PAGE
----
The Ebola outbreak in the Democratic Republic of Congo (DRC) erupted just over a year ago. It is difficult to imagine a more challenging place to provide care than an Ebola outbreak in the middle of a war zone.
Reporting in the U.S. press continues to focus on community members’ attitudes towards health care, their ignorance and their reliance on traditional healers, or — as they are more commonly referred to — “witch doctors.” Those critiques seem to be contagious; they were just as prevalent during the Ebola outbreak in Sierra Leone, in West Africa, where I have been helping to lead Partners In Health’s efforts since 2014, as we moved from Ebola response to rebuilding the nation’s health system.
Though community attitudes and the decisions of individuals contribute to how outbreaks spread, a broken health system seems to be the single largest contributor to how susceptible a country might be to an outbreak, and how quickly it can be stamped out.
During the West Africa outbreak, which was considerably larger and more deadly than the outbreak in Congo, most people who fell ill never had Ebola. Early on, sick patients waited days, sometimes weeks, for laboratory tests. When someone showed symptoms of Ebola, they were sent into a “holding unit,” hastily constructed tarpaulin-walled units, where it was hot and often crowded with make-shift cots.
Unfortunately, the symptoms of Ebola resemble many other diseases prevalent in the region and all sick people with Ebola-like symptoms were held in the same room, increasing the likelihood of transmission within the facilities themselves.
The top priority in Sierra Leone was to contain the spread of the outbreak, rather than treat those who fell ill. And the patient experiences inside these units, which were largely absent of any care, made it back to community members. People who fell ill faced a choice. Did they go to a facility, or did they hide? In Congo, where violence has besieged health care facilities, it is easy to understand why a Congolese person might stay at home.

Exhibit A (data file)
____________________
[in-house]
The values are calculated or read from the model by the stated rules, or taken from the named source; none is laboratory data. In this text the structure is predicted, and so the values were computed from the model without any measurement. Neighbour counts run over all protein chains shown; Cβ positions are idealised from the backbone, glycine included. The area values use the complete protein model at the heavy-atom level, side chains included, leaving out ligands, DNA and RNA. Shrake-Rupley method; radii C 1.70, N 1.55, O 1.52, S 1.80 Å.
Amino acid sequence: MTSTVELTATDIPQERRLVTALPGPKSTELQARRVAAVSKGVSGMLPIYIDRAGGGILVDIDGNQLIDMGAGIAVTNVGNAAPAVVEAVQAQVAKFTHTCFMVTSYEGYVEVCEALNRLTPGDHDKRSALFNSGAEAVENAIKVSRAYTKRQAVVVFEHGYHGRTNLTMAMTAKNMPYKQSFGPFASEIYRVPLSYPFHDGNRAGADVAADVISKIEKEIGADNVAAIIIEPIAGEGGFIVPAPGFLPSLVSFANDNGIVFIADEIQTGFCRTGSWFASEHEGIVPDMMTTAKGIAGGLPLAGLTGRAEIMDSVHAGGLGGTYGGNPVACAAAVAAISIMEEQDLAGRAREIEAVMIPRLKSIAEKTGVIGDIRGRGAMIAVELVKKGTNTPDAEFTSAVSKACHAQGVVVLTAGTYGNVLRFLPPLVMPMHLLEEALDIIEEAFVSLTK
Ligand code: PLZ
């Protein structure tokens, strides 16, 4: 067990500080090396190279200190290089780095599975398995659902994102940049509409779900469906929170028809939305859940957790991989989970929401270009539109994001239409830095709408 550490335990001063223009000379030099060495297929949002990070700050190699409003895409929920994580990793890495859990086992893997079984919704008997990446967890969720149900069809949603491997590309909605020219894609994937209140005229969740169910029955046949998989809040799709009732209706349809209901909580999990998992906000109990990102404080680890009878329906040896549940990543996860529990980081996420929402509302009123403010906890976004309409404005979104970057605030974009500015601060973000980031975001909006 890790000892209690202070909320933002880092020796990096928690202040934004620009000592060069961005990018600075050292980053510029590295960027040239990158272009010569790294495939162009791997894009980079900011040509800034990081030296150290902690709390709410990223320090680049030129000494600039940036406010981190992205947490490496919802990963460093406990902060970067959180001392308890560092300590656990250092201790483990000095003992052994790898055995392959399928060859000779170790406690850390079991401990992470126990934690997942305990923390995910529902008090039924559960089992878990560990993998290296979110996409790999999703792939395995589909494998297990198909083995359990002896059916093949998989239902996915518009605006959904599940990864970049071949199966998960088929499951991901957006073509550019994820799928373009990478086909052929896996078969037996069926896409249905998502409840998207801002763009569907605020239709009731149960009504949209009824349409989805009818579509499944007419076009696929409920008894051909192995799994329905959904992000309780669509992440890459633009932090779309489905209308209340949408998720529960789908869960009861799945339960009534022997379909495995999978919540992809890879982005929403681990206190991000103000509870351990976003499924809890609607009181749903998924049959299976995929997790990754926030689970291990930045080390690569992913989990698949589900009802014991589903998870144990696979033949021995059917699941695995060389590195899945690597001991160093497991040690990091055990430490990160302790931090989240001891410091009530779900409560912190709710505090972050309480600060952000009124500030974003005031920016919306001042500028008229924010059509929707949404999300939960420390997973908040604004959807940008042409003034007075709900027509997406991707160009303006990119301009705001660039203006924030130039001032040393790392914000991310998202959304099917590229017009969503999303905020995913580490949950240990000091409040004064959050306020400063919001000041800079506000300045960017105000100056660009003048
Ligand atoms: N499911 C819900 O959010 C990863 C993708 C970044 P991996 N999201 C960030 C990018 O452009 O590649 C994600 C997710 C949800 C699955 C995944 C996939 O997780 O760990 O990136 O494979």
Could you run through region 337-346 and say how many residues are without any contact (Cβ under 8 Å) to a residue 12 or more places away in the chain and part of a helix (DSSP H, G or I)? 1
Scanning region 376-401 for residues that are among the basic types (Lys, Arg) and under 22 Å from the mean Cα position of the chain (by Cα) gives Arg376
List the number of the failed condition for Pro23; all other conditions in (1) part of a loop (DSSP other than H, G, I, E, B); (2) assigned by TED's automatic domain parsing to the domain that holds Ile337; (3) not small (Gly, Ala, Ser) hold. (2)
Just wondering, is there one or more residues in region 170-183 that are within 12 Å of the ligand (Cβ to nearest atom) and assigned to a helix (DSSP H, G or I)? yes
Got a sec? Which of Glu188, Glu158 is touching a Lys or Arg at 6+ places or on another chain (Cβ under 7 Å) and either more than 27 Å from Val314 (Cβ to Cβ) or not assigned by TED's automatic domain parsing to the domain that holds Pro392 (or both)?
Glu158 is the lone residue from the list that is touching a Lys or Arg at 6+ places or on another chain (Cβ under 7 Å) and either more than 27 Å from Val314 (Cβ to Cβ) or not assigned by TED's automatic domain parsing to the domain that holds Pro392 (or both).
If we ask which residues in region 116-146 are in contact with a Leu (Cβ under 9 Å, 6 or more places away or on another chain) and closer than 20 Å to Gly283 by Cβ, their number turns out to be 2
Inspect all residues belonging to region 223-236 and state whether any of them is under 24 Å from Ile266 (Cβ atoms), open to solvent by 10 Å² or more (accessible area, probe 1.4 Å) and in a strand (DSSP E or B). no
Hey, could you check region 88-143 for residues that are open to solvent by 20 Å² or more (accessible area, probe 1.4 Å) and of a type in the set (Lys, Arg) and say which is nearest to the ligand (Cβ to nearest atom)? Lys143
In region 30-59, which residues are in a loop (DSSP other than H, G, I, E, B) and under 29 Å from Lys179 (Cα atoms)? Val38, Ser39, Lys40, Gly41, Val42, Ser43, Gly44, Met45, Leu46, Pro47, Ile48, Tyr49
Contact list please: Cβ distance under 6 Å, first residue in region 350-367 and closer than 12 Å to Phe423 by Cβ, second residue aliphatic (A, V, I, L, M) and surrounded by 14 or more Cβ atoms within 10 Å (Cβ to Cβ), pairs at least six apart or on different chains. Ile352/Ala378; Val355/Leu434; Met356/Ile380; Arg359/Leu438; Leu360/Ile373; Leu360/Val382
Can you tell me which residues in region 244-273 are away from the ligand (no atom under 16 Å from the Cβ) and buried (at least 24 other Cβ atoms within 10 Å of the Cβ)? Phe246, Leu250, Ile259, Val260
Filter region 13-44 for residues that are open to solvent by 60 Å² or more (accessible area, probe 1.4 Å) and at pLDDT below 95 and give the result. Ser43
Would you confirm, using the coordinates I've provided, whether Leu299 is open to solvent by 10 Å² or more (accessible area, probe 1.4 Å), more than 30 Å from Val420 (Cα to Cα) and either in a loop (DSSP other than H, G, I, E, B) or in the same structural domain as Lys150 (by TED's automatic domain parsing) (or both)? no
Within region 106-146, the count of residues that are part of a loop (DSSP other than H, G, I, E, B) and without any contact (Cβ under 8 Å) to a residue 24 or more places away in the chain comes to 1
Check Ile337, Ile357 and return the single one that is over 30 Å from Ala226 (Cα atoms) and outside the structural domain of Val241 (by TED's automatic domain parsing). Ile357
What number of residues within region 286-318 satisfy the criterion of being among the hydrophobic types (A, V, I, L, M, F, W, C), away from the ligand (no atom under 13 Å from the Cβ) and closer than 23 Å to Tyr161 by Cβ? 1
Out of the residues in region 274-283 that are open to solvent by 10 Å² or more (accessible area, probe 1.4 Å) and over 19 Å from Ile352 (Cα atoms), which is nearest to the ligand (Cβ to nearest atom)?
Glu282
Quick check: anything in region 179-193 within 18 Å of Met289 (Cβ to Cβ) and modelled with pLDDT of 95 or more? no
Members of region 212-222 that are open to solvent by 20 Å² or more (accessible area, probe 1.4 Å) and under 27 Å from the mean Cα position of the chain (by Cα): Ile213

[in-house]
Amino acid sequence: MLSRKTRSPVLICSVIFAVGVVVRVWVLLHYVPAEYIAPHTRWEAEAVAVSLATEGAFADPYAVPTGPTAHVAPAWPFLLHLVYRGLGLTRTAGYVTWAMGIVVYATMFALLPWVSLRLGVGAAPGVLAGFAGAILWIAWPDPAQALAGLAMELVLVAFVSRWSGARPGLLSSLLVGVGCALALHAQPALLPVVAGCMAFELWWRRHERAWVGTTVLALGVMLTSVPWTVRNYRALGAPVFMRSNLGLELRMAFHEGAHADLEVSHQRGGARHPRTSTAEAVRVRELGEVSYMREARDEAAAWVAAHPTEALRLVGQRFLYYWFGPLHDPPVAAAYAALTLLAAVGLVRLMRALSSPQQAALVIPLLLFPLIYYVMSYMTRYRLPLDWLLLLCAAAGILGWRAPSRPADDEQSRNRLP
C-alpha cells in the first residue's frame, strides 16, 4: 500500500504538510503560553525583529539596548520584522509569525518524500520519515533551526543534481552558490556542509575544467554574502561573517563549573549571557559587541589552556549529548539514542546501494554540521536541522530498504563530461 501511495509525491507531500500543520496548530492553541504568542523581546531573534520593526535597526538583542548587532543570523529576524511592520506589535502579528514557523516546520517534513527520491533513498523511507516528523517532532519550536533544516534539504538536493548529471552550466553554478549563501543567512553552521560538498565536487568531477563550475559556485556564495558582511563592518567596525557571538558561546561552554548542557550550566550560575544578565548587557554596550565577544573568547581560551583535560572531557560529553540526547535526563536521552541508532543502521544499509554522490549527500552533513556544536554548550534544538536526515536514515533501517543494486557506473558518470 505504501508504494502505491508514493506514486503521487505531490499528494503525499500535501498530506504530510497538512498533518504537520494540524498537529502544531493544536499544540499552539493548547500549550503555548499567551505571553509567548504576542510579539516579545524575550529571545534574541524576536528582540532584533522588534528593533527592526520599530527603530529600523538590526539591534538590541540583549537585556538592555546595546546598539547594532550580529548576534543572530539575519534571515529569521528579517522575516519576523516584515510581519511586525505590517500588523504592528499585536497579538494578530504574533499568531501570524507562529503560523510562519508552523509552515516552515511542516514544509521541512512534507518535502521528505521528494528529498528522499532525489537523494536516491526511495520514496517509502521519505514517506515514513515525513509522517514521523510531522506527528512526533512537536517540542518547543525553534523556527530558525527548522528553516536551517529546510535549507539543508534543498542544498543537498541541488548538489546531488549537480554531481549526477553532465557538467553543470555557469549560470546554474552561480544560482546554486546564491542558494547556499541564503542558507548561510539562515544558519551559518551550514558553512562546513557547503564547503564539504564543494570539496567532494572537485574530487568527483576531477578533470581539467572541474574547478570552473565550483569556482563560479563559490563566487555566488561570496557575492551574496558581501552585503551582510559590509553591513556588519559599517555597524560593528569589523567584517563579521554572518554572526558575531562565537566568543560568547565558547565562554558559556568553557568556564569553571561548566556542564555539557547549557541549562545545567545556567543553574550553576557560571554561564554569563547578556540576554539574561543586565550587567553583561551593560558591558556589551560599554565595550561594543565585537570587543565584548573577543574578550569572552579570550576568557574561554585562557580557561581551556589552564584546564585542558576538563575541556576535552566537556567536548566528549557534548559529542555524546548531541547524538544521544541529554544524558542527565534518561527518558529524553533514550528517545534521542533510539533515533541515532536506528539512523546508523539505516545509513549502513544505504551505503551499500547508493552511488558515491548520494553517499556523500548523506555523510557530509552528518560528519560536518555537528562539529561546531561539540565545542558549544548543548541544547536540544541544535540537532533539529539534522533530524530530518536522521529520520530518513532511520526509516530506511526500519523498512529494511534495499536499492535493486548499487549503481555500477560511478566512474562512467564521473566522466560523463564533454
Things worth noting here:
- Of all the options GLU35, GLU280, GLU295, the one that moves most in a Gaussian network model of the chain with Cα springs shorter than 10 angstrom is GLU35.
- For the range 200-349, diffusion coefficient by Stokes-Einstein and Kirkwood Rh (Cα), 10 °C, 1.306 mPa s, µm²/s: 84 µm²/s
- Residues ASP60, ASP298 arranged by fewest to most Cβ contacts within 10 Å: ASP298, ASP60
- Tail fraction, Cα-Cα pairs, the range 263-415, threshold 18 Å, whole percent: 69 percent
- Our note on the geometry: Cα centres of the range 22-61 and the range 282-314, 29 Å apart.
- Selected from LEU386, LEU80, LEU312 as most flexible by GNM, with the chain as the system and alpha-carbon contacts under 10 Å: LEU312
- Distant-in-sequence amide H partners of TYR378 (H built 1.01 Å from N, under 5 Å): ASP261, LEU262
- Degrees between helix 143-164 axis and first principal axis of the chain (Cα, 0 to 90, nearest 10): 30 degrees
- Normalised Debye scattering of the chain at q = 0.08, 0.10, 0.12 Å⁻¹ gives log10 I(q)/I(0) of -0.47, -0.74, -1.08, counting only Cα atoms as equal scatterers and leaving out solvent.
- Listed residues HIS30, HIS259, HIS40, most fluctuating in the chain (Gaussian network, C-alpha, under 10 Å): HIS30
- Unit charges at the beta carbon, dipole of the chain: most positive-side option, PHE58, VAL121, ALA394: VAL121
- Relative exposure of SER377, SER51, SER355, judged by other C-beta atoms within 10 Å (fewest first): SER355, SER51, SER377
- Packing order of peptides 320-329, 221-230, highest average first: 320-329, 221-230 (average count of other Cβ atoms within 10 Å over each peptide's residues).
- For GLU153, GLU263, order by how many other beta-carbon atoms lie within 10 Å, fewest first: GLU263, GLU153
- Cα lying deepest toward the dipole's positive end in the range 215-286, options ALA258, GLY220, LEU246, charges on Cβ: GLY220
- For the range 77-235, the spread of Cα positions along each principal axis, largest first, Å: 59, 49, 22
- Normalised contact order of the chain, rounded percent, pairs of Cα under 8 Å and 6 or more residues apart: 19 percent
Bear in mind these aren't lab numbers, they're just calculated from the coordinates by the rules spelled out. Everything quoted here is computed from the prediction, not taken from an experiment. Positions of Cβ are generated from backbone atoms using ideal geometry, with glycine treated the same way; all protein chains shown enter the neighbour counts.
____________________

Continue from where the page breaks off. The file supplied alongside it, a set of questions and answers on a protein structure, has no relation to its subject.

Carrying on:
One of the key reasons Ebola spread so rapidly in Sierra Leone, Liberia and Guinea was that those countries’ health systems were woefully under-resourced to respond to basic health needs, let alone an outbreak of a deadly infectious disease. In Congo, the number of people who have access to comprehensive care is not just low — it’s basically zero.
Total annual spending on health care in the United States was over $9,000 per person in 2016. In Sierra Leone, it was roughly $107 per person. In Congo, it was just $20. Headstone epitaphs in Sierra Leone or Congo should read, “No electricity to keep donated blood cold” or “Only one ambulance for 500,000 people.”
The health systems are also dramatically understaffed. In Sierra Leone, 7 million people are served by only 150 doctors. (Compare this to the 7 million people in Massachusetts served by over 20,000 doctors.) True outbreak prevention in places like Sierra Leone and Congo will come only if investments in the training of health care professionals are made over years and decades.